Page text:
VMware Saw the Threat, Releases Open Source Virtualization Client
Last year, following a crash in its share price and the replacement of its CEO with a seasoned Microsoft executive, I wrote about the perils that virtualization titan VMware faces. The problems come from two trends: 1) open source virtualization offerings; and 2) free virtualization within operating systems. From the free virtualization project Xen to the virtualization that Microsoft, Sun, Red Hat and others offer in operating systems,VMware's proprietary strategy looked mighty shaky. Today, VMware made what I consider the shrewdest move it could: launching an open source client for virtual desktops.
The CEO replacement who entered VMware last year was Paul Maritz, a long-time Microsoft executive with intimate familiarity with how Windows swallowed up entire categories of utility software as it grew up, by simply wrapping free utilities into the operating system. Paul knows about that, and he had to have seen last year the dual threats to VMware of open source virtualization offerings and virtualization on board in operating systems.
The VMware View Open Client allows businesses to host virtualized desktops in the data center, and users can access their desktops from any device. Going with an open source solution like this was VMware's only choice, especially as Microsoft includes Hyper-V virtualization in Windows Server. I'm sure Maritz was very focused on the Microsoft threat, because he used to be behind similar threats. VMware can grab market share with this move, stave off Microsoft dominance, and offer support and services around its open source offering. The company will also get substantial good PR from the decision.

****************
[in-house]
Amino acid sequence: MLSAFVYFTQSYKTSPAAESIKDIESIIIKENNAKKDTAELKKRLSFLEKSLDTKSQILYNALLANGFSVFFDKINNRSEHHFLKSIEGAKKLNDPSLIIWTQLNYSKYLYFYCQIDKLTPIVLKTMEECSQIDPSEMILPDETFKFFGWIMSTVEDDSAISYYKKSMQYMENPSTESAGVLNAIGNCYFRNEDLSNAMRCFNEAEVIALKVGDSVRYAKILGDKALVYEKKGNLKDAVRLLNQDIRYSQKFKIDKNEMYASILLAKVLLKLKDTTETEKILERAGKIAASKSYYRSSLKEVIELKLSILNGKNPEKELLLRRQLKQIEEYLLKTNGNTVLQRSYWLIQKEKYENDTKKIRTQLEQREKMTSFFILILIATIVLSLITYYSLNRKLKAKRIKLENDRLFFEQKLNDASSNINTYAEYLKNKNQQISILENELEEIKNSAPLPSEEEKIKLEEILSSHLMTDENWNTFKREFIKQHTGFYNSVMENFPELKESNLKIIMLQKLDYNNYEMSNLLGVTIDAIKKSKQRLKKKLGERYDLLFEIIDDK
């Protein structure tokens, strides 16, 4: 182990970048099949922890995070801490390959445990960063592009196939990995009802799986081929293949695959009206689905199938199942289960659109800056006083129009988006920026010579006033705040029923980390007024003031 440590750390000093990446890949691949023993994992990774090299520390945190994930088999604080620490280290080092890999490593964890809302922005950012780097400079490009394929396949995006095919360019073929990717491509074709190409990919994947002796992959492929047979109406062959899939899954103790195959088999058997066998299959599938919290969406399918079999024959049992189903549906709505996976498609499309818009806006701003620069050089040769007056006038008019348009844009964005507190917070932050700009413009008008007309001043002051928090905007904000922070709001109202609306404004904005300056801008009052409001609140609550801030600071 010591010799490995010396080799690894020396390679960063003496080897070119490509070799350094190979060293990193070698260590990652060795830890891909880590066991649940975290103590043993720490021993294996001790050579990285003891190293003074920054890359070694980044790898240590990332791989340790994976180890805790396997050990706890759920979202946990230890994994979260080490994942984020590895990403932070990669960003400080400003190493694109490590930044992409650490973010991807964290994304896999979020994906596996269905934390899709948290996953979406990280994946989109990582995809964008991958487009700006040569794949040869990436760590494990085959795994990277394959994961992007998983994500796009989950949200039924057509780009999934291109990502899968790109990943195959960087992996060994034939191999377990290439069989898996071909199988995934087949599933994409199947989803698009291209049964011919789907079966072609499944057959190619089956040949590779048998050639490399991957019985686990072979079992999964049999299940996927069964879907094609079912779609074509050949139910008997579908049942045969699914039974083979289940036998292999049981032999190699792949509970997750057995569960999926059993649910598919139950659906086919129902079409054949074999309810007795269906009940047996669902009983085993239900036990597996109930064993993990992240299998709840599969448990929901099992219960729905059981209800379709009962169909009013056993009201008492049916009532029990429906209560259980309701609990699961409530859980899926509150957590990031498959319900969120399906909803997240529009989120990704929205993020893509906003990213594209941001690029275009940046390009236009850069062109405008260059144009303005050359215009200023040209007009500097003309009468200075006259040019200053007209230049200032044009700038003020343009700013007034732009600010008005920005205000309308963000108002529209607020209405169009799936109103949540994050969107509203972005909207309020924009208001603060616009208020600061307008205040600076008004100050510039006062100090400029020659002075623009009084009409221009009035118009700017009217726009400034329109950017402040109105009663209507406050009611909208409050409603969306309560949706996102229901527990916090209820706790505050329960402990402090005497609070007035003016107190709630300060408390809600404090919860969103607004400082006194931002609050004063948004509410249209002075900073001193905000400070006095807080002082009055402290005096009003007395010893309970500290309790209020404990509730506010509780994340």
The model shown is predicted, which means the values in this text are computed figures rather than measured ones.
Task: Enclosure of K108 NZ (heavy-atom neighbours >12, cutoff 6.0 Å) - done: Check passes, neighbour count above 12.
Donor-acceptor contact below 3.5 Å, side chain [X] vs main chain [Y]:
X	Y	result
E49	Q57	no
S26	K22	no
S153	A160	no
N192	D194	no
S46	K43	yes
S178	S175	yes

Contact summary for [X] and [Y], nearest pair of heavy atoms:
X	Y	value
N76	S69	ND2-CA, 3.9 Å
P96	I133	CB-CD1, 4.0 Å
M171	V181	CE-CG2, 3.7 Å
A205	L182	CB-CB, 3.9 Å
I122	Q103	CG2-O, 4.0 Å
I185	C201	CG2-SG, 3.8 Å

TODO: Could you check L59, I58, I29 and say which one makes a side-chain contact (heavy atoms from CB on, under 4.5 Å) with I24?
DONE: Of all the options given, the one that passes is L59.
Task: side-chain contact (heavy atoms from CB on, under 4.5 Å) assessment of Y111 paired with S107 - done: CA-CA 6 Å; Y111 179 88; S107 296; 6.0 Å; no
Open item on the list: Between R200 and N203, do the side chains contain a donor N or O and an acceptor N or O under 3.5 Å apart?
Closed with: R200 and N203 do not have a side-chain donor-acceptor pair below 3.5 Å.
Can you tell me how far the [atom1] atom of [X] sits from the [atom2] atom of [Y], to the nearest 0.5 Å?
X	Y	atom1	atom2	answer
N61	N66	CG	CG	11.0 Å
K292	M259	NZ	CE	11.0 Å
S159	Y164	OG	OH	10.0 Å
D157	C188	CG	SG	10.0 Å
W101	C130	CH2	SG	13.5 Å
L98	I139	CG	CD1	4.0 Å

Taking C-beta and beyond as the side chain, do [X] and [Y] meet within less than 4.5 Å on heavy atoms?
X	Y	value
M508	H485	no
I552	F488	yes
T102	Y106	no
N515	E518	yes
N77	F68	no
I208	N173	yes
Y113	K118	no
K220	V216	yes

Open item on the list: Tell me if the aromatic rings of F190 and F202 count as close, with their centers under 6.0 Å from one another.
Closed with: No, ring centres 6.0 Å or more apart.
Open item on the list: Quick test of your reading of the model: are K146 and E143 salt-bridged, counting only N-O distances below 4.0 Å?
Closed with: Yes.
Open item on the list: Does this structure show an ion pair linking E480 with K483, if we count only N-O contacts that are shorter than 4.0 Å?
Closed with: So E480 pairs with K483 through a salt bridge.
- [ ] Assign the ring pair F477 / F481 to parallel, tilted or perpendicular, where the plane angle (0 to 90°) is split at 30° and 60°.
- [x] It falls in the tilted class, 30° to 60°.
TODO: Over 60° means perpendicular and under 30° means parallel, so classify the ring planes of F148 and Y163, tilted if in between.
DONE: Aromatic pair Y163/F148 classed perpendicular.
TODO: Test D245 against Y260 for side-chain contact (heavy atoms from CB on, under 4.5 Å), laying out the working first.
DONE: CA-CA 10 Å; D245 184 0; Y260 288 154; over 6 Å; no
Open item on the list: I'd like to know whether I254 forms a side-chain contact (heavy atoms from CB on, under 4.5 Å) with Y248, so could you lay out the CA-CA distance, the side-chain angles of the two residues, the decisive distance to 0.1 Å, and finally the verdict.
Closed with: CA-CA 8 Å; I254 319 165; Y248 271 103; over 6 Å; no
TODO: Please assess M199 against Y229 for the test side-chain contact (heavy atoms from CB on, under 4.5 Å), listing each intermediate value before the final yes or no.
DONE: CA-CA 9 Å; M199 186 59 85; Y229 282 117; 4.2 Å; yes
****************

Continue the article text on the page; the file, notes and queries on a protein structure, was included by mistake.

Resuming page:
You can get VMware View Open Client here, licensed under the Lesser GPL. It's essentially a bet that customized user desktops are hosted in data centers, and that businesses will take to the idea that they can save money by centralizing custom solutions in data centers for desktop users to take advantage of through virtualization.
I agree with Dana Blankenhorn that this could cause a big shakeup in the software world. "Imagine what the PC world would be like if enterprises are able to slow purchases regardless of head count," he writes. "Imagine what Microsoft revenues might look like in that world." Indeed.